First Lady | Shriners International
First Lady Alice Smith grew up on a dairy farm near Kilkenny, Minnesota, a tiny town of 200 residents. Her paternal great-grandparents emigrated to this sister city of Kilkenny, Ireland, from County Tyrone in Northern Ireland.
As the oldest of five children (two girls, three boys), Alice was the “chore boy,” until one of her brothers was old enough to handle some of the work. Her responsibilities included milking 20 to 50 cows, twice a day. Alice was close to her dad, and enjoyed working outdoors, alongside him. She especially remembers the few times when the weather was nice and they would work in the fields with a wagon and horses, instead of a tractor. Alice spent her summers raking hay, cultivating corn, helping her mom in the garden, attending county fairs as a 4-H member, packing a picnic lunch and taking a Sunday ride to “check out the crops” in other parts of southern Minnesota. Sometimes the picnic happened to be in a park alongside one of the 10,000 Minnesota lakes where everyone cooled off with a swim. The family was loving, strict, devoutly Catholic and conservative.
Alice was the first in her family to attend college. She became a teacher of junior and senior high school home economics – especially various aspects of foods – for five years. She was responsible for getting the needed groceries and bringing them to class, which was a very time consuming task.
During her second year of teaching, Alice shared a classroom with Mary Lou Jones. She met her future husband as a blind date at a dinner party at Mary Lou and Bob Jones’ apartment. Alice and Jim were married 10 months later; the Smiths and Joneses remain friends to this day. After they were married, Alice continued teaching until she became pregnant with their first child, daughter Abigail.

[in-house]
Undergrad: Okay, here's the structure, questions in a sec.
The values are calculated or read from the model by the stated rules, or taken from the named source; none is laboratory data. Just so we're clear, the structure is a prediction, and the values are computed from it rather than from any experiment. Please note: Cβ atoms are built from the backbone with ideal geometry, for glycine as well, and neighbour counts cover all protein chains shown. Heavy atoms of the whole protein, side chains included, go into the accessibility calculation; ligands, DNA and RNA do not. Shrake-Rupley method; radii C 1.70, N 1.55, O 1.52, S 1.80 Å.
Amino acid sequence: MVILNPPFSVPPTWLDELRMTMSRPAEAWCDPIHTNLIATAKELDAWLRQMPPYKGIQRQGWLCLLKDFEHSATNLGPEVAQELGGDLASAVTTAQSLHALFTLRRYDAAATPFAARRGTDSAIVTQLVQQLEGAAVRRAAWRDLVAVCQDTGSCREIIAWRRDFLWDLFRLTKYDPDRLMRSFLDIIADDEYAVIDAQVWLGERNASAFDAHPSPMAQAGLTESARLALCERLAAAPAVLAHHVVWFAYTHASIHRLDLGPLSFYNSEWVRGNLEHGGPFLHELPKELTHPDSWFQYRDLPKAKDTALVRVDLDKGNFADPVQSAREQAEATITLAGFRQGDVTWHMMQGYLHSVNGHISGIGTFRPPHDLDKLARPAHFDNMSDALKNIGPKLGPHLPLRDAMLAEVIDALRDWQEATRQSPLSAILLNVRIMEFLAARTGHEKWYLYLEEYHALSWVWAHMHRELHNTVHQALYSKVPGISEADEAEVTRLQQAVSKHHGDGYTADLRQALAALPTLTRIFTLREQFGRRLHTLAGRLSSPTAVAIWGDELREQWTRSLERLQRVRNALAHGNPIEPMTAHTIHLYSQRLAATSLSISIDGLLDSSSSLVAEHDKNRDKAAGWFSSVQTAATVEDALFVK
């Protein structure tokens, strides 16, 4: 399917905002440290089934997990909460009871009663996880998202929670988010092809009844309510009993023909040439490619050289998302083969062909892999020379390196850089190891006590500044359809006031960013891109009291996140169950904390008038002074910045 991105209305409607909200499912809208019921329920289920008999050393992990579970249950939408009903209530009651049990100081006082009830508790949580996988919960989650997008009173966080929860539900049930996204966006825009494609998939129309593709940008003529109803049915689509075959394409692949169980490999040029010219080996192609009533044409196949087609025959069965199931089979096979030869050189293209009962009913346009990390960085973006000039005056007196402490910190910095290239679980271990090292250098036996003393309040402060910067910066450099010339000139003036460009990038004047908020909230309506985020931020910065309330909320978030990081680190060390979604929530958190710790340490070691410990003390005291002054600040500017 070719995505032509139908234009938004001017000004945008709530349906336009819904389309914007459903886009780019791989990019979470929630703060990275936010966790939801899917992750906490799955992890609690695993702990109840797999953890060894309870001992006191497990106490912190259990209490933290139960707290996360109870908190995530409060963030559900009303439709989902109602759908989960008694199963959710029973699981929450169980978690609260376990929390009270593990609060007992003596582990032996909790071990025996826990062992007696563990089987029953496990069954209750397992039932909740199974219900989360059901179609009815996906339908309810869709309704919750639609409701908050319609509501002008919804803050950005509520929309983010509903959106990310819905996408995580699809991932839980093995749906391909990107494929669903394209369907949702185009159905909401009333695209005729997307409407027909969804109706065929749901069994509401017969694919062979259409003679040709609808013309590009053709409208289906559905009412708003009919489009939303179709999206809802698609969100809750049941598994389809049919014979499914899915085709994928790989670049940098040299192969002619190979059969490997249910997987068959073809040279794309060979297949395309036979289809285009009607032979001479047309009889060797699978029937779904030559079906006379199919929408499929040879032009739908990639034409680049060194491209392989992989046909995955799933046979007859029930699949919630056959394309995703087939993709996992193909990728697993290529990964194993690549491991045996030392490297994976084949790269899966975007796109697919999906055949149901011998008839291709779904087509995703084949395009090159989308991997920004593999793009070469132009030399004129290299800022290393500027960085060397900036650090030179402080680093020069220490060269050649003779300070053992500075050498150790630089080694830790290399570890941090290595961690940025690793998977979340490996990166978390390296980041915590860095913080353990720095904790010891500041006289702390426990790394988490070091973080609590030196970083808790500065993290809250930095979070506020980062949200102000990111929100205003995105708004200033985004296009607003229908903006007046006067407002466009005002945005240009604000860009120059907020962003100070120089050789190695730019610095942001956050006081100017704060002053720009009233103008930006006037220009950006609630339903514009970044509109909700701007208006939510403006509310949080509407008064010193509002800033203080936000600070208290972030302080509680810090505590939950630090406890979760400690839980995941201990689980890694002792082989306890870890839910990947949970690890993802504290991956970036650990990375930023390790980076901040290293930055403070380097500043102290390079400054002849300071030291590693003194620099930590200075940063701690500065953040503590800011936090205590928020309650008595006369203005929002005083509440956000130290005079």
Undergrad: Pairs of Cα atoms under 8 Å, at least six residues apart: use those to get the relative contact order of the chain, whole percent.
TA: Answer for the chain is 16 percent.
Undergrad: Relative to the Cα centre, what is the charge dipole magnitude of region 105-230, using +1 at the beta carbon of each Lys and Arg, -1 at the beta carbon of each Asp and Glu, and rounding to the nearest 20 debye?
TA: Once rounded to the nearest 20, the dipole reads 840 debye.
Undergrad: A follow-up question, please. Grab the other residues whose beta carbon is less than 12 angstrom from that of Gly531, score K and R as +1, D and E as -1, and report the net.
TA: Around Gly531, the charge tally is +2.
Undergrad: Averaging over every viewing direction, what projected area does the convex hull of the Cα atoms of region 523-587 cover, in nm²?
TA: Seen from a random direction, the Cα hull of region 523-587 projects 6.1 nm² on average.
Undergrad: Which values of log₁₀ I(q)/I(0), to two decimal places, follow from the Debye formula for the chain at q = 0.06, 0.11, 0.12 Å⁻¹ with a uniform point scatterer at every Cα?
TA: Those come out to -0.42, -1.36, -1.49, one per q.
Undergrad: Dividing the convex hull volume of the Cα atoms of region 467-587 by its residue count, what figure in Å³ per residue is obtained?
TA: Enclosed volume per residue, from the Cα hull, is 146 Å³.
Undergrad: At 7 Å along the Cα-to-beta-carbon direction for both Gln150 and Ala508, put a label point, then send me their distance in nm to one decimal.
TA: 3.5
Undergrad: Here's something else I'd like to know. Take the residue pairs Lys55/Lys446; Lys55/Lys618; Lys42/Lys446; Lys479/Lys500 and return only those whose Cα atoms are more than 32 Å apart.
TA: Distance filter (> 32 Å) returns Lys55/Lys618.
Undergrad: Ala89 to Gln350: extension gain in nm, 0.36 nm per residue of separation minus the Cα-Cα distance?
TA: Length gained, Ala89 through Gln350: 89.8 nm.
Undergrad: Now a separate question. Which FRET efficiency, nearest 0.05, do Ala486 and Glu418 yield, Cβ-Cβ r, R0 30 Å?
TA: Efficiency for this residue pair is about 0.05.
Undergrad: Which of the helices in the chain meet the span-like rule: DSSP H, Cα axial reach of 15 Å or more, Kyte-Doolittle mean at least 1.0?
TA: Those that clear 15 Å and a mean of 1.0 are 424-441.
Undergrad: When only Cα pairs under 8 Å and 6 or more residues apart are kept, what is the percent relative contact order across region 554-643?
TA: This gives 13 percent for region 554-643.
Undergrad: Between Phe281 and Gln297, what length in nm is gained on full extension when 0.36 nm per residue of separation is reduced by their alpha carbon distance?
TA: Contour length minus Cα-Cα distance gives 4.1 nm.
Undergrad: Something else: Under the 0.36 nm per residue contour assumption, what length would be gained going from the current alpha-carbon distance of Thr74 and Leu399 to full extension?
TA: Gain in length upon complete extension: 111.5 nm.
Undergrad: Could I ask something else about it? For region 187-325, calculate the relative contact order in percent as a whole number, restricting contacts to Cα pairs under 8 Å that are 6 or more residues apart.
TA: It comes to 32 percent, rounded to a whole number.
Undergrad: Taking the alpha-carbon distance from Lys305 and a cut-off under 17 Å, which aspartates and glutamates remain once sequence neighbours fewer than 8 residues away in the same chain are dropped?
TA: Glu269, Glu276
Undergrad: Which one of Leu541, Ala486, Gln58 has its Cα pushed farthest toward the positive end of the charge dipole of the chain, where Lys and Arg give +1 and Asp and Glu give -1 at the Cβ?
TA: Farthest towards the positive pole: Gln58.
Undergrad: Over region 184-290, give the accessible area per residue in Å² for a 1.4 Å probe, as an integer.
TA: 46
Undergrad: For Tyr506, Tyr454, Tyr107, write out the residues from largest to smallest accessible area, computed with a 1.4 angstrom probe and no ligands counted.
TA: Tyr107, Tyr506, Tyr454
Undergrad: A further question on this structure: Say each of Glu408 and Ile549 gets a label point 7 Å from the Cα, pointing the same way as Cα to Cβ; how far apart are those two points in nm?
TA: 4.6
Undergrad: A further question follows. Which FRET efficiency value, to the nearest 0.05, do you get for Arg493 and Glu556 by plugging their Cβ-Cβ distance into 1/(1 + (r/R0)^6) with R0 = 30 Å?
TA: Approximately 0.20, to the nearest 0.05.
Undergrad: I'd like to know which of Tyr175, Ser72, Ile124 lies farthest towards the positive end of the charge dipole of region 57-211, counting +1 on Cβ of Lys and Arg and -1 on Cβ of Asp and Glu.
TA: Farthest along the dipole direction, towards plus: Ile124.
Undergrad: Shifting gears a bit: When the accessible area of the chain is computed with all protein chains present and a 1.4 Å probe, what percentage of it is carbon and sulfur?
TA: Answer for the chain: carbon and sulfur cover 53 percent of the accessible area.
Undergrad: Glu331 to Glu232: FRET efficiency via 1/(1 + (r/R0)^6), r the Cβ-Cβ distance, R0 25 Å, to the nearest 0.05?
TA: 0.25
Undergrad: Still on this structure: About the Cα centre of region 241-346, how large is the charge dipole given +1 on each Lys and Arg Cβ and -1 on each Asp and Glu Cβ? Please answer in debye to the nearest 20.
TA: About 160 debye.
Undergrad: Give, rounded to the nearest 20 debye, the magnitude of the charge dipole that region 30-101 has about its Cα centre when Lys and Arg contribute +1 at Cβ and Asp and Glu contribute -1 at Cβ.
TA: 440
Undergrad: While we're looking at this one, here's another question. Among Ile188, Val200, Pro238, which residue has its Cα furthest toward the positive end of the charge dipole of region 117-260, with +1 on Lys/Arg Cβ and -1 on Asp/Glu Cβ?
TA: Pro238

As Jim’s career progressed, the family moved quite often, primarily in the Midwest, but also to the Northeast, which limited Alice’s teaching options. However, she enjoyed the opportunities to travel a bit, which she never had as a child. “It was something I wished for, and it came true,” she said.
Her two children, Abigail and Jason, are grown now and live with their families in Chicago, Illinois, and Natchitoches, Louisiana, respectively. Abby and her husband, Greg, own an architectural firm that specializes in high-end residential design and remodeling; Jason is a plant manager for a large wood and timber products company and his wife, Elisa, is a math and science teacher. “They are all very accomplished and we can’t help but be proud of everyone,” Alice said. Abby and Greg are raising two children, Josie and Lincoln, both teenagers. Jason and Elisa are parents of Lyn, a recent college graduate, Grace, and Jacob, who are fast becoming teens. Alice is hoping to have a big family vacation once this Imperial year is over and bring everyone together.
Alice has been at Jim’s side throughout his Shriners leadership journey, beginning at the temple level. She said she shared her concerns about him running for an Imperial board position in a prayer to Our Creator. Then, after a short time, she said it became clear, with Jim’s success, that this endeavor is something God wanted for them, as well.
Being part of the Shriners organization has also given Alice a way to meet many nobles and ladies who have become friends, and a way to help children, an opportunity for which she is extremely grateful. She and Jim look at this time in their lives as a way to give back for all the many blessings they have received. Jim has a nephew who was treated at Shriners Hospitals for Children® — Chicago from the age of 2 until he turned 21, receiving treatment and prosthetics. Coincidentally, Jim served as the Board liaison for the Chicago hospital for seven years.
Alice is looking forward to helping the patients of Shriners Hospitals become as independent and confident as possible in whatever they choose to do in their lifetimes. Her program, Rising Stars, will support these efforts, especially by helping to ensure the availability of assistive devices and programs, which can create new possibilities and opportunities not previously available to these children. In addition to caring for the medical needs of our patients' specific conditions, Shriners Hospitals for Children provides what we call “wrap-around care.” This effort includes programs and initiatives that help build confidence and self-esteem. Assistive devices and adaptive programs help these children discover all they are capable of, allowing them to believe in their dreams and, many times, to fulfil them. They then can go on to take their places in society with grace and strength.
“I am honored to support this endeavor,” said Alice.